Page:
December 24, 2002
Microfluidics to Revolutionize Biosciences

Forbes has a nice write-up on the microfluidic chip designs of Cal Tech biophysicist Stephen R. Quake

He and his group, along with Caltech's Axel Scherer, added a few clever twists. His chips, the size of a half-dollar or smaller, are made with two layers of rubber, relying on a technique similar to injection molding used to make toys. The bottom layer has hundreds or thousands of tiny intersecting liquid-handling channels, each about the width of a human hair (100 microns). The top layer contains hundreds of control channels through which pressurized water is pumped. Valves are formed where the control channels cross over the fluid channels. When pressurized water is fed over such an intersection, the pressure pushes down the thin layer of rubber, separating it from the fluid below, and it clamps shut the fluid channel below, like stepping on a hose. Quake's lab can make the chips with $30 bottles of rubber, an ultraviolet light to create molds and a convection oven to cure the rubber. A grad student can design and make a new chip in less than two days.

Quake predicts that his chips will have 100 times the number of cells and valves in a few years. These chips will be used for handheld instant blood chemistry testers, mini DNA sequences that are orders of magnitude smaller and cheaper than today's models, mini-labs for analysing the state of single cells, for testing large numbers of drugs against large numbers of cells in parallel, and countless other biochemical tasks that can be made orders of magnitude less expensive and less time-consuming.

Quake's chip technology is being commercialized by venture capital start-up Fluidigm. They have a picture of one of the chips on their web site. Fluidigm is developing this technology to lower the cost of polymerase chain reaction (PCR) which is widely used for DNA sequencing.

South San Francisco, CA, September 26, 2002 - Fluidigm Corporation and The California Institute of Technology announced today major advancements in complexity and function of microfluidic device technology. Using its novel fabrication technology, the MSL™(multi-layer soft lithography) process, Fluidigm has demonstrated a fluidic microprocessor that can run 20,000 PCR assays at sub-nanoliter volumes, the smallest documented volume of massively parallel PCR assays. This technology is being developed in the near term to run over 200,000 parallel assays. Fluidigm believes this fluidic architecture will make significant contributions in cancer detection research as well as in large scale genetic association studies.

At the same time, a group led by Dr. Stephen Quake, Associate Professor in the Department of Applied Physics at the California Institute of Technology and co-founder of Fluidigm, published an article in Science today describing a paradigm for large scale integration of microfluidic devices. These devices are capable of addressing and recovering the contents from one among thousands of individual picoliter chambers on the microfluidic chip.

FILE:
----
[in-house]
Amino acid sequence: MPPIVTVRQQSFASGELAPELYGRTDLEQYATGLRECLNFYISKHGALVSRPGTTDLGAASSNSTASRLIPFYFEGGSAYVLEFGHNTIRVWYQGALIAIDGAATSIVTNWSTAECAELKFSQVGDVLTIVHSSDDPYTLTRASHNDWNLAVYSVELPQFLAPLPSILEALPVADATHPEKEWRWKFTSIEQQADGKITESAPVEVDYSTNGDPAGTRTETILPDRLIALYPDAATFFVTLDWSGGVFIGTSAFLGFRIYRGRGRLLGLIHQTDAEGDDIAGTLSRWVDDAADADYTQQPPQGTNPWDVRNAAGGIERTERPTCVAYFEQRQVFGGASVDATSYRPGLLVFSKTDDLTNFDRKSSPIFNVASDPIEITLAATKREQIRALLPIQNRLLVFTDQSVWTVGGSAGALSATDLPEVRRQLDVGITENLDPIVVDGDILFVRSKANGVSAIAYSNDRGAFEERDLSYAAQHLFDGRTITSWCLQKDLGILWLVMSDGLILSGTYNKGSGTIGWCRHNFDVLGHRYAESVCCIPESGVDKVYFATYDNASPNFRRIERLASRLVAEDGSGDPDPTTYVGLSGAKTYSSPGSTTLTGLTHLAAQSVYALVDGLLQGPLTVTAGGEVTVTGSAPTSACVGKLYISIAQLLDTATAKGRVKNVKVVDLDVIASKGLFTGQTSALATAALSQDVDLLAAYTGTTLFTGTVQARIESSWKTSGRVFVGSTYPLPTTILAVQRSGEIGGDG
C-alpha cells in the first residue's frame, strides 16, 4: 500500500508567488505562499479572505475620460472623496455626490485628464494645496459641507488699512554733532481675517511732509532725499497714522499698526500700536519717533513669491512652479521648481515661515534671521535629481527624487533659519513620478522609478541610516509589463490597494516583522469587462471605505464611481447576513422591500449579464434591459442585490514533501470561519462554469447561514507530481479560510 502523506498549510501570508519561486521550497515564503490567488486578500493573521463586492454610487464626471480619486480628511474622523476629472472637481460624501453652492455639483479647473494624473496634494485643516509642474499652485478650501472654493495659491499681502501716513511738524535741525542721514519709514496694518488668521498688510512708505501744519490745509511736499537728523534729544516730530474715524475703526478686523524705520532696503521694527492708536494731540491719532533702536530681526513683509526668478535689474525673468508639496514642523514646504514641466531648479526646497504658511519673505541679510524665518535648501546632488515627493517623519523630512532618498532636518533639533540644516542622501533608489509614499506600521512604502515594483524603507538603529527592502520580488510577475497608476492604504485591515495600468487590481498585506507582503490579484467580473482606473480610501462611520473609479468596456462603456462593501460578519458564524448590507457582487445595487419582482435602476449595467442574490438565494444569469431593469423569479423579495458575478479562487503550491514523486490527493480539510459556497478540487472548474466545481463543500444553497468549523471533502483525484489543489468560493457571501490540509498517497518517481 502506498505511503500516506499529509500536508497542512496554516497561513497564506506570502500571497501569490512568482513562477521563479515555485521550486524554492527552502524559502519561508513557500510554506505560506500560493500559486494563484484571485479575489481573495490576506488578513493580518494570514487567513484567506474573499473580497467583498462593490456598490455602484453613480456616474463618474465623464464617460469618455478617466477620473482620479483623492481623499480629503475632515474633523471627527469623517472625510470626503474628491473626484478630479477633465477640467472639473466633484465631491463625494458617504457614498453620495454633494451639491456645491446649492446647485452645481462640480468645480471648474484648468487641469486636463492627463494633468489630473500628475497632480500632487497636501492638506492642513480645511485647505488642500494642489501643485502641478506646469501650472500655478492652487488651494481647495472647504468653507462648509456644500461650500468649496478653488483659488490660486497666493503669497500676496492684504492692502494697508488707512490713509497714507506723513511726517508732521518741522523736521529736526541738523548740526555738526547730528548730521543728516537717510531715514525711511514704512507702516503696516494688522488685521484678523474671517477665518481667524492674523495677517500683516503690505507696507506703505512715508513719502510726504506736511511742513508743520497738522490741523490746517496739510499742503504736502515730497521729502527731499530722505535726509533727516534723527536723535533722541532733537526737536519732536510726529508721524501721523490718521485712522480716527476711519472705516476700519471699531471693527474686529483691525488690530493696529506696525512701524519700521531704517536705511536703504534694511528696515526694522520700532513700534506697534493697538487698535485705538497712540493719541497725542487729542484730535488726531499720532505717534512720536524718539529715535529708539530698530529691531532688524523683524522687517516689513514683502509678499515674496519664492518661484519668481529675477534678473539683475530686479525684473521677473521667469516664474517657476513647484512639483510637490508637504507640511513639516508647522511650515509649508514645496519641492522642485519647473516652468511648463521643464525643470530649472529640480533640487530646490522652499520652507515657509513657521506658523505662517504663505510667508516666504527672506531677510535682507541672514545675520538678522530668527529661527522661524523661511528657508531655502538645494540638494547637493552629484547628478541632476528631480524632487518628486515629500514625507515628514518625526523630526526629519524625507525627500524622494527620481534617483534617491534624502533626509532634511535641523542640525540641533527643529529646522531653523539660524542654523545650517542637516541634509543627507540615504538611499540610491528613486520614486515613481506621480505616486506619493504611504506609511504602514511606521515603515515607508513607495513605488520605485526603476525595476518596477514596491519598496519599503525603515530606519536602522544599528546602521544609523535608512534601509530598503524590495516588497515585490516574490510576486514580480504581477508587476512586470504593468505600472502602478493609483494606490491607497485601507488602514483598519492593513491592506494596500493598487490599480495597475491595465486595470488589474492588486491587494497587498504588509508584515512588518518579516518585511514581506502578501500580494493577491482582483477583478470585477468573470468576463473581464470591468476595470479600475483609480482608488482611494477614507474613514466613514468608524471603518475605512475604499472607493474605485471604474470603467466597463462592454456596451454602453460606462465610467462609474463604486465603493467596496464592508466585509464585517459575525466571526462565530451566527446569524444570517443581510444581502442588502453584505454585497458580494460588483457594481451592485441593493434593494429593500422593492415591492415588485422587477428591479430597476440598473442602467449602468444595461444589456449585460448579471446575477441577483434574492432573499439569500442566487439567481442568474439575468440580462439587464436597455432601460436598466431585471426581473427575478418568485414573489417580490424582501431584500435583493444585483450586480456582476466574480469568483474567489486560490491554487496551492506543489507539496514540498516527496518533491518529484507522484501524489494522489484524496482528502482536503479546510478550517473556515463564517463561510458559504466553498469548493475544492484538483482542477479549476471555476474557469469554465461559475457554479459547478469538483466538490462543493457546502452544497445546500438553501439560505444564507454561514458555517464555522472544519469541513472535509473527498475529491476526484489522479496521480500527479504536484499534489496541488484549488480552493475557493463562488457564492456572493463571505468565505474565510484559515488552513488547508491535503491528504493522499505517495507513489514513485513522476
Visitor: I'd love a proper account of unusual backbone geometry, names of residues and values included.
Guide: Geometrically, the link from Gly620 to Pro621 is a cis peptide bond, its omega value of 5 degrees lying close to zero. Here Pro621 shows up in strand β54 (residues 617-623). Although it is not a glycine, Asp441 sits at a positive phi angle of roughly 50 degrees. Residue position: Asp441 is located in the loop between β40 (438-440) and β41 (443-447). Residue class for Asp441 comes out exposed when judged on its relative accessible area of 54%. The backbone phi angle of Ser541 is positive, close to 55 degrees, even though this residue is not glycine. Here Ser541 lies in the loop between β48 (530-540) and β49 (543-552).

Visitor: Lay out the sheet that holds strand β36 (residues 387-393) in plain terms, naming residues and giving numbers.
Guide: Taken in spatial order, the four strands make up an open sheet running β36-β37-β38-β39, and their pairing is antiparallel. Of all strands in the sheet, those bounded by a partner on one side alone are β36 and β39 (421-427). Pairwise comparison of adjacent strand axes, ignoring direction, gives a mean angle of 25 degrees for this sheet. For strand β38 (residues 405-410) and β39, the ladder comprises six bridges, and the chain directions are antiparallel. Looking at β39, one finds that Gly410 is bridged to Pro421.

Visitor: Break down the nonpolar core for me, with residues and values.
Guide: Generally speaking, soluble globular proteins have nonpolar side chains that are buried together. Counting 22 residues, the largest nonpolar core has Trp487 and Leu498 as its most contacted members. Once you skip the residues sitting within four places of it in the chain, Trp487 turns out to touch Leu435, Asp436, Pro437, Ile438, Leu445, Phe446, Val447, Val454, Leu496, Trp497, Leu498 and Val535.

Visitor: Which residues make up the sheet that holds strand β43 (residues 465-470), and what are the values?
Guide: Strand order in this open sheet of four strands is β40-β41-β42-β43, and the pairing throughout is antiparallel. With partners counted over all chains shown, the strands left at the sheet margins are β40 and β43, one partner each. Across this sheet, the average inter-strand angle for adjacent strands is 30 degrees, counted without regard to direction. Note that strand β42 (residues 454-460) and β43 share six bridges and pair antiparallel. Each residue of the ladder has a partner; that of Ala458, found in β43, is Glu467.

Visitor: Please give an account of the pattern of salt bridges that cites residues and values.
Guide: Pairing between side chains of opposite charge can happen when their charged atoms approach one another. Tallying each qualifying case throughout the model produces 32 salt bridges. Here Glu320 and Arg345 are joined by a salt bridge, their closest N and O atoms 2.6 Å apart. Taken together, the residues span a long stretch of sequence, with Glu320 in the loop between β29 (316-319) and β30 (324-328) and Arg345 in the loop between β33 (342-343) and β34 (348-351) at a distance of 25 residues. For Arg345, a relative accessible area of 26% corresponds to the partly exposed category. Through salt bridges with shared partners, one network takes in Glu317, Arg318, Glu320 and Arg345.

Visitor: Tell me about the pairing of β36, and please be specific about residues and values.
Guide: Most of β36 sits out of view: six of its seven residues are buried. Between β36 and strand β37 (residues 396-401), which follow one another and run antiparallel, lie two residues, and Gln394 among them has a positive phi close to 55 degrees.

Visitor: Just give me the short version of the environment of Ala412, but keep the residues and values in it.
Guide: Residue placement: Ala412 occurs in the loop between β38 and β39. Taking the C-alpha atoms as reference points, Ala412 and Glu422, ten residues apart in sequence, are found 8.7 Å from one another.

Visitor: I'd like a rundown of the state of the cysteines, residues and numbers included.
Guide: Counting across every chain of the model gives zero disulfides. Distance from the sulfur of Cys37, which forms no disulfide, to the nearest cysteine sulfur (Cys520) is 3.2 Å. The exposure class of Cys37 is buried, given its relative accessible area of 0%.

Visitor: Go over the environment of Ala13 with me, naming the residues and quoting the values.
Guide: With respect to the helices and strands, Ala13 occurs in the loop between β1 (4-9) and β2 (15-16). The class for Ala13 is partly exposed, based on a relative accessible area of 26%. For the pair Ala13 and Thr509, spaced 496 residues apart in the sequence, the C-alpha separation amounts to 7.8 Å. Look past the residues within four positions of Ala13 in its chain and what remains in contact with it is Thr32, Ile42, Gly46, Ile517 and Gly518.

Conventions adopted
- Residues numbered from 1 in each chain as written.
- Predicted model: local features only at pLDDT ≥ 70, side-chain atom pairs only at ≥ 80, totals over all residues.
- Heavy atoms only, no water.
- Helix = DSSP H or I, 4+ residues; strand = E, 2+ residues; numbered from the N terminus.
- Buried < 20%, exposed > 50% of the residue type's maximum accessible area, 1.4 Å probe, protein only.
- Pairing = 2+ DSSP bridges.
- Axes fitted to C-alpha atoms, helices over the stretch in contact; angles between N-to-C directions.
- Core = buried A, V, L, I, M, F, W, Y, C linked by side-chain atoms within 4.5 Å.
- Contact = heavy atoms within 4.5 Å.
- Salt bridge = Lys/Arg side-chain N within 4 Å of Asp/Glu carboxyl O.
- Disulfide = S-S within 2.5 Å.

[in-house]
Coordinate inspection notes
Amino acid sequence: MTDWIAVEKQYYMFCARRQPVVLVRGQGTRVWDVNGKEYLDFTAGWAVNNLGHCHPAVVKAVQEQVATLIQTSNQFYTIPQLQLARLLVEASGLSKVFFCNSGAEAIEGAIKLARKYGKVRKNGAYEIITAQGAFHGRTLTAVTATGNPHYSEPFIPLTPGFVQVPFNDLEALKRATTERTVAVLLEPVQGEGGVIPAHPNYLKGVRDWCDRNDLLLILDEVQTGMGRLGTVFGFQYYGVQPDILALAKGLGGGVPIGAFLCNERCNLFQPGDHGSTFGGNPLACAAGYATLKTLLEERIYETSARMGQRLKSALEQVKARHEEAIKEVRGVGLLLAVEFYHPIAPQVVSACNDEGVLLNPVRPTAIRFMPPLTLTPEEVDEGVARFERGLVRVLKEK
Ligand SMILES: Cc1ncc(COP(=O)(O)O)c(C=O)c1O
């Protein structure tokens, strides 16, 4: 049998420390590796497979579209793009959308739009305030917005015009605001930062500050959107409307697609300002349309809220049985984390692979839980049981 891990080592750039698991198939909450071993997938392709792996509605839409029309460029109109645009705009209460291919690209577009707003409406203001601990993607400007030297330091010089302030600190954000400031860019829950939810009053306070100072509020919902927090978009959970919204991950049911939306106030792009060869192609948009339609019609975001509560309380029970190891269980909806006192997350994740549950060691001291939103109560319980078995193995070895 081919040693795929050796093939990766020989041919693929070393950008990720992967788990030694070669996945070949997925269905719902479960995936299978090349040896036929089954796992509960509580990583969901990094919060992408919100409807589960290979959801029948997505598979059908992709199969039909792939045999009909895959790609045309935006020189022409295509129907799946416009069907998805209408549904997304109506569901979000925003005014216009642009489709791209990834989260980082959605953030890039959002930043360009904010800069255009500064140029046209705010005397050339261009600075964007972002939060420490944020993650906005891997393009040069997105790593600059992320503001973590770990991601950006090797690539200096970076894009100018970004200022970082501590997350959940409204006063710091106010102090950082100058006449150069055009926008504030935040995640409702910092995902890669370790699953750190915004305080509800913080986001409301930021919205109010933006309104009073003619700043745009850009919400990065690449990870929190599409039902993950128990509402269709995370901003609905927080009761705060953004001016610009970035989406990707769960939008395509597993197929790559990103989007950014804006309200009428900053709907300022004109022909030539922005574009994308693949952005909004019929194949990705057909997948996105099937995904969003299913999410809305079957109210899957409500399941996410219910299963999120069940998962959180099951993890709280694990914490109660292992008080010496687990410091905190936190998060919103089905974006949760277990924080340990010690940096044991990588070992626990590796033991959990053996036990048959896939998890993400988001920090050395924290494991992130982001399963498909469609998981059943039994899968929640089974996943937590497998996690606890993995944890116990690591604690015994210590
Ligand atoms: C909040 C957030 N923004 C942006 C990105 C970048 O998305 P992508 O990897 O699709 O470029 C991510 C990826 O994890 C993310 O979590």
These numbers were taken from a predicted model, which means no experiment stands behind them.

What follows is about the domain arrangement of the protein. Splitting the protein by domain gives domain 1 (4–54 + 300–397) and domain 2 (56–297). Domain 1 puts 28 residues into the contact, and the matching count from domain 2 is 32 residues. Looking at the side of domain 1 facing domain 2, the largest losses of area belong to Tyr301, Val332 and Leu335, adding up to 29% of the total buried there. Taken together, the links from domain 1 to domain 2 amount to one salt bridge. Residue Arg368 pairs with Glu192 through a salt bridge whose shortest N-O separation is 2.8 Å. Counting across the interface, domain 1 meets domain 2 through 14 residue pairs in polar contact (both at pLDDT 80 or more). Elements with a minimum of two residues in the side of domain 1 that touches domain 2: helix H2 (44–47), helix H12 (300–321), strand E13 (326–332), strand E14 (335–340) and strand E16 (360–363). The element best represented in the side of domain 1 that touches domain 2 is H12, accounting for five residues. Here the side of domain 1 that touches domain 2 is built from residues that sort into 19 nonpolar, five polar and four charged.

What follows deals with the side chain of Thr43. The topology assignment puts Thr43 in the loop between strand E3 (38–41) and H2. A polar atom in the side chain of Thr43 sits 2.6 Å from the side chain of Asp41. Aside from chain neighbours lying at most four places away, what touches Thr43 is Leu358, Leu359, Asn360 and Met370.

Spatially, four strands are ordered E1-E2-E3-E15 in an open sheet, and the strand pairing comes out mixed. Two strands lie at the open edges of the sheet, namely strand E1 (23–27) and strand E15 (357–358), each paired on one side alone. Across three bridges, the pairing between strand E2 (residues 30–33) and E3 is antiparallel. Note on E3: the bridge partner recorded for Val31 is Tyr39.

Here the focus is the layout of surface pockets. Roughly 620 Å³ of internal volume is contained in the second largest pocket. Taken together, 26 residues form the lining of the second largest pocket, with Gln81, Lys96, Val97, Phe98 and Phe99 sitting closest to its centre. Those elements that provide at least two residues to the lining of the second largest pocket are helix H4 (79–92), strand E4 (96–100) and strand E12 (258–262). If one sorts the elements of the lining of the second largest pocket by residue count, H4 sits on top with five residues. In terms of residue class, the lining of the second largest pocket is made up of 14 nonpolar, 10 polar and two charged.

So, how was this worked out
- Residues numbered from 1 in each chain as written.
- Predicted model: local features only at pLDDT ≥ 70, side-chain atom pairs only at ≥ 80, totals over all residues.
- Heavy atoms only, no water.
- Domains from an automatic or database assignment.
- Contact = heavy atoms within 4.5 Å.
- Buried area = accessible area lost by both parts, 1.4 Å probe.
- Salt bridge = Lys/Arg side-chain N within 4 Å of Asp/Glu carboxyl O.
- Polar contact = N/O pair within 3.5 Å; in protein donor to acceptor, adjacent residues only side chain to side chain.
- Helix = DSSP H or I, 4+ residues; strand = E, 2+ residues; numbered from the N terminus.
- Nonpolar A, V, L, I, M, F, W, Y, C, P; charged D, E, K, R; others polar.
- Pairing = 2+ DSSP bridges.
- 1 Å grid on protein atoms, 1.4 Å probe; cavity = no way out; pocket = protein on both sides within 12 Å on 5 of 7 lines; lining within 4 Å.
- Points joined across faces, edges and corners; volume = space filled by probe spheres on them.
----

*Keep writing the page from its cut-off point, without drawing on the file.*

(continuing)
Using new techniques of multiplexed addressing, Quake's group built chips with as many as 6,000 integrated microvalves and up to 1000 individually addressable picoliter chambers. These chips were used to demonstrate microfluidic memories and tools for high throughput screening. Additionally, on a separate device with over 2000 microvalves, they demonstrated the ability to load two different reagents and perform distinct assays in 250 sub-nanoliter reaction chambers and then recover the contents.

"We now have the tools in hand to design complex microfluidic systems and, through switchable isolation, recover contents from a single chamber for further investigation. These next-generation microfluidic devices should enable many new applications, both scientific and commercial," said Dr. Quake.

"Together, these advancements speak to the power of MSL technology to achieve large scale integration and the ability to make a commercial impact in microfluidics," said Gajus Worthington, President and CEO of Fluidigm. "PCR is the cornerstone of genomics applications. Fluidigm's microprocessor, coupled with the ability to recover results from the chip, offers the greatest level of miniaturization and integration of any platform," added Worthington.

Fluidigm hopes to leverage these advancements as it pursues genomics and proteomics applications. Fluidigm has already shipped a prototype product for protein crystallization that transforms decades-old methodologies to a chip-based format, vastly reducing sample input requirements and improving cost and labor by orders of magnitude.

Note as well Fluidigm's development of a prototype to automate protein crystallization which is used for the determination of 3 dimensional structure of proteins. Fluidigm is selling their Topaz prototype protein crystallization kit and they list the following benefits for it:

  • Sample input is reduced by 2 orders of magnitude, increasing experimentally accessible proteins by 100%.
  • As many as 144 crystallization experiments can be conducted in parallel.
  • Reagent consumption is reduced 100x.
  • Labor and storage costs are reduced 300x compared to the 20-year old technology currently in place.

There are countless uses for smaller cheaper mini chemistry labs. As this technology advances it will accelerate the rate of advance of biological science and biotechnology literally by orders of magnitude. The impact will be greater than the impact of computers to date because it will make possible the cure of diseases, the reversal of aging and the enhancement of human intellectual and physical performance.

Also see my previous post on the Quake lab's work.

Share |      Randall Parker, 2002 December 24 02:47 PM  Biotech Advance Rates


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